Stress. Ugh. There is so much in our daily life that stresses us out. But did you know that stress can actually be - good? That we can use it to our advantage? That's right. There are different kinds of stress, some of which help us rather than hurt. Knowing the difference between the types and knowing how to respond to them can help you leverage stress to help rather than hurt your wellbeing.
Acute stress is a temporary state that sort of keeps you on your toes. Usually, acute stress is good for you. Acute stress happens when you are taking a test, when you give a presentation in front of a crowd or if you need to brake quickly when a car pulls out in front of you. It creates a select awareness that puts you at peak performance in trying situations.
But chronic stress is different. It lasts longer, feels overwhelming and is omnipresent. Chronic stress can be caused by things like mounting bills, strained relationships, professional uncertainty, and living a life that is not aligned with your values. The effects of chronic stress are many, and typically not great. They can include problems sleeping, strained relationships, pain, stomach problems, forgetfulness, chronic illness and much more.
Here is the thing. Everyone experiences stress. And that includes chronic stress too. So why are some people seemingly impervious to the effects of stress? Mindset. When stress is seen through the lens of positivity its effects are limited. This is the power of a growth mindset. When a growth mindset is used, stress is seen as an opportunity to stretch, grow and learn. When challenges present themselves, it is embraced as an opportunity rather than pushed away.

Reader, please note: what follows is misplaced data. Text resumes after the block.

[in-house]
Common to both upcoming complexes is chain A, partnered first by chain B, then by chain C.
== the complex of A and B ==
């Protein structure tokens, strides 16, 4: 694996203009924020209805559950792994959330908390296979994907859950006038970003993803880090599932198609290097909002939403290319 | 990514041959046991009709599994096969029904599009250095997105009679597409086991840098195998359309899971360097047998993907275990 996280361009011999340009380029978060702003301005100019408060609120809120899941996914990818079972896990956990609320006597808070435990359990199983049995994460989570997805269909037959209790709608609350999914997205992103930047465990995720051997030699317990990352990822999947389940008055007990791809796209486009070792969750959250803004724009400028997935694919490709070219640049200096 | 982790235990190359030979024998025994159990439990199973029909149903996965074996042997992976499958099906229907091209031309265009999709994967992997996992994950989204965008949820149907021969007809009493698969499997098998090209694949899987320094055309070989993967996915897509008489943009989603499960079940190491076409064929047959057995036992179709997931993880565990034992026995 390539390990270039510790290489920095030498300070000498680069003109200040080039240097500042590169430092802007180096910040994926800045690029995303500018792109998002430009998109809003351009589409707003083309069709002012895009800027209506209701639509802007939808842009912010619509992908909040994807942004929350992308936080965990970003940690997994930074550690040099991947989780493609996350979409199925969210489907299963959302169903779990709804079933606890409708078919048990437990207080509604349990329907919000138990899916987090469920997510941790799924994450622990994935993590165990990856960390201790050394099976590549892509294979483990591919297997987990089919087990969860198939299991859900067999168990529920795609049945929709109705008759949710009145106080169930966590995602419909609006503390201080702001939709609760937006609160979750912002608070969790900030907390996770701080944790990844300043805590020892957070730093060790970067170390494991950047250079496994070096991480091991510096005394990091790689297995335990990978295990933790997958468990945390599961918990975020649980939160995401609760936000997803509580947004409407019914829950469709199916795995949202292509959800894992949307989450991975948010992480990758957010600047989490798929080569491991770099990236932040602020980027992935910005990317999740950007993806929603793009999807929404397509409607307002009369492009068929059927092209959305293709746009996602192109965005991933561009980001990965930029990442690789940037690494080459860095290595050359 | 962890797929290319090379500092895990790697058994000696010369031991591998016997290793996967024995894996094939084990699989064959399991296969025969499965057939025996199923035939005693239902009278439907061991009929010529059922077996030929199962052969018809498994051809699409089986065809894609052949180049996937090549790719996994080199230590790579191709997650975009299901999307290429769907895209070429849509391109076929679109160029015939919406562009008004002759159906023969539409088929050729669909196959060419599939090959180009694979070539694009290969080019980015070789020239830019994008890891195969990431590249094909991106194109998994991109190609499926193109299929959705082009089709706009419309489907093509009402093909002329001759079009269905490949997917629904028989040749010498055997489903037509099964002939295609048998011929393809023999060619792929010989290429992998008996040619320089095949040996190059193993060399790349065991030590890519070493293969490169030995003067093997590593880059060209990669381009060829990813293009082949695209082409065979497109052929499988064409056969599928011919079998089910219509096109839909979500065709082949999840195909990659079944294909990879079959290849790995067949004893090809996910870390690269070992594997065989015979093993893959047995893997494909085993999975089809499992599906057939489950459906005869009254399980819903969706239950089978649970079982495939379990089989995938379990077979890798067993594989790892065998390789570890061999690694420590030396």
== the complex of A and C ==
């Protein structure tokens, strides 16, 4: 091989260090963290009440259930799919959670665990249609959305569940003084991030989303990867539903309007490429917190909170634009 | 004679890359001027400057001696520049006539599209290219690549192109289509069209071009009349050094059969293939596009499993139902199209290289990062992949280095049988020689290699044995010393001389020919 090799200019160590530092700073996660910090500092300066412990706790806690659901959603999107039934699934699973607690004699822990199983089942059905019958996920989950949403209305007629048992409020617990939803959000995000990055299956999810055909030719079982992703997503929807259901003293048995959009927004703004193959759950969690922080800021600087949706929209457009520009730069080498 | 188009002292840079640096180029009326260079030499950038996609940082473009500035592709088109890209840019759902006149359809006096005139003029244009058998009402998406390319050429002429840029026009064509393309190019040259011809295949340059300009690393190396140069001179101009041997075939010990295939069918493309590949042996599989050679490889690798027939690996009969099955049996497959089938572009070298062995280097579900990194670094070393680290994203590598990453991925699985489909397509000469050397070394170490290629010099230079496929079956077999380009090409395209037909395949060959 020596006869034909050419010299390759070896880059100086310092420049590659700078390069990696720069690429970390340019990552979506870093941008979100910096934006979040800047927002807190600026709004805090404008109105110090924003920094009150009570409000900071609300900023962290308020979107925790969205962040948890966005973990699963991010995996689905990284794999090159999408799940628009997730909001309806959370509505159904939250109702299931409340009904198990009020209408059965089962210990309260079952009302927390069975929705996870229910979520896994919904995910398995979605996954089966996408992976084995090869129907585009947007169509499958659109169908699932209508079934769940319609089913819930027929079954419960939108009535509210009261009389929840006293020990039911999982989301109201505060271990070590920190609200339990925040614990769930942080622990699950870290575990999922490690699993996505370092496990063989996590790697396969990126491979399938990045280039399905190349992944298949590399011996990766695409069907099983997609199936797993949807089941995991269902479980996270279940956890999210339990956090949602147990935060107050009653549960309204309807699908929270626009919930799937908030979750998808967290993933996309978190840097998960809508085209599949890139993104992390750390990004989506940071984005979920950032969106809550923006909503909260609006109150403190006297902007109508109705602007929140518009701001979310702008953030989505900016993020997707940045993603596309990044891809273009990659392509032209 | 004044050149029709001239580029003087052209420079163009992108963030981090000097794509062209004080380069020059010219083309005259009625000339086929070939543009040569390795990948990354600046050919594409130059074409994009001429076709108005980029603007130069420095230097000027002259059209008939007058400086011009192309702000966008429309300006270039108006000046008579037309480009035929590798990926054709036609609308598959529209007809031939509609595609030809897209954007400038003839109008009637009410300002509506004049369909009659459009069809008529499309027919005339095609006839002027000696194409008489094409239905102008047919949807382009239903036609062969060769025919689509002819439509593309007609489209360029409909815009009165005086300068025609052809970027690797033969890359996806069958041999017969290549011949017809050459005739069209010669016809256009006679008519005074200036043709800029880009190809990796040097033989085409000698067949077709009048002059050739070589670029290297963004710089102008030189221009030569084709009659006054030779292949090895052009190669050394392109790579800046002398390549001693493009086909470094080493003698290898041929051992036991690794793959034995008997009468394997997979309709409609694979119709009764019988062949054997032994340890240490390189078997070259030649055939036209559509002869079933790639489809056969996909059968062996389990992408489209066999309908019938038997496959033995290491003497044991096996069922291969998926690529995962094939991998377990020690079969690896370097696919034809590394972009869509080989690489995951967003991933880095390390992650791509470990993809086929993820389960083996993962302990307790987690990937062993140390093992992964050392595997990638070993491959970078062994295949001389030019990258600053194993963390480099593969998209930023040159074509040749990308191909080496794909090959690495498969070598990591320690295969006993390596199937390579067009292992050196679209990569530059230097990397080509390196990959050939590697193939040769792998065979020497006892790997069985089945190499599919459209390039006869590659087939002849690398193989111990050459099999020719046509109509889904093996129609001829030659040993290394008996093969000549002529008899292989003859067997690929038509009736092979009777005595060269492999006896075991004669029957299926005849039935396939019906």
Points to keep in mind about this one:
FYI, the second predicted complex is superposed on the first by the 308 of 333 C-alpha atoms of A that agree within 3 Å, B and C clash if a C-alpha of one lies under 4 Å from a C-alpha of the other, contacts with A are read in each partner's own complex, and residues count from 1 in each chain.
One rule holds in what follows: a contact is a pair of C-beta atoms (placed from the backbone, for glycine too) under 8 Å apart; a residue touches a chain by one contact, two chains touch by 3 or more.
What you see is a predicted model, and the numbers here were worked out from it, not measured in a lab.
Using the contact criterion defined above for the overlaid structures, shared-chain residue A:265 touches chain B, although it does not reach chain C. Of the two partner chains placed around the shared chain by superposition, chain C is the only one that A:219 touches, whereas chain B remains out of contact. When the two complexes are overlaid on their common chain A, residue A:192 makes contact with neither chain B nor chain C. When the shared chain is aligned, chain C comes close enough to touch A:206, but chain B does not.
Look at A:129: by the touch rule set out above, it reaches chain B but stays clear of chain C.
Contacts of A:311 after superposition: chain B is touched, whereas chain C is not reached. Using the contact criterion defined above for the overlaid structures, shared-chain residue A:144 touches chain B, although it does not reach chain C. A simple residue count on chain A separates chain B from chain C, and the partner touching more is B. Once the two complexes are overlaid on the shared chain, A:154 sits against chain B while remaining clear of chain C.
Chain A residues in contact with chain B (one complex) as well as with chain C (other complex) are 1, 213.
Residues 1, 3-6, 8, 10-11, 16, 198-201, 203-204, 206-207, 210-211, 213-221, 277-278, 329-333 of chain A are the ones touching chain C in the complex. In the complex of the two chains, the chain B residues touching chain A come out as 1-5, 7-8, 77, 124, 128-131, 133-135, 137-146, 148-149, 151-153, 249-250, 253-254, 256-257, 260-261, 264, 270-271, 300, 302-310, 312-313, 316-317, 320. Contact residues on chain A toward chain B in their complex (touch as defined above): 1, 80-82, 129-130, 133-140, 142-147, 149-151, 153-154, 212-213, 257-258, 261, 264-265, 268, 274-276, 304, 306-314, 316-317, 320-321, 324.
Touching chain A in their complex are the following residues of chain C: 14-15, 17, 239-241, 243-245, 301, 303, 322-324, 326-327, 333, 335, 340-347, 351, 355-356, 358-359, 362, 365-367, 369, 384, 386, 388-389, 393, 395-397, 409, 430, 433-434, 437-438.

Let's use an example. According to Pew Research about 15% of Americans are dissatisfied or very dissatisfied at work. When work is consistently not going well it can cause chronic stress. Maybe there are rumors of layoffs, your wages have stagnated, or your supervisor is a micro-manager, these things can really take its toll on your chronic stress levels, your happiness, and your health. A person with a fixed mindset may believe that there is no relief valve for the stress, no opportunity for change, and that the challenges at work are too insurmountable so why bother to even try to change the circumstances. The person with a growth mindset will see this stress through the lens of opportunity, thinking that perhaps this is the right time to “retool” by taking some continuing education classes, to seek a different position in the company that allows you to “skill up”, or maybe it is the right time to go back to school and change professions entirely. The outcome of the stress response is determined by your mindset and hence choice, good or bad.
Next time you are feeling that sense of overwhelm or dissatisfaction with something in your life, first be mindful. Ask yourself, “am I seeking any opportunity for growth in this situation or am I just feeling stuck”. Then try actively flip your mindset to that of growth rather than fixed, and in doing so you can marvel at the possibilities!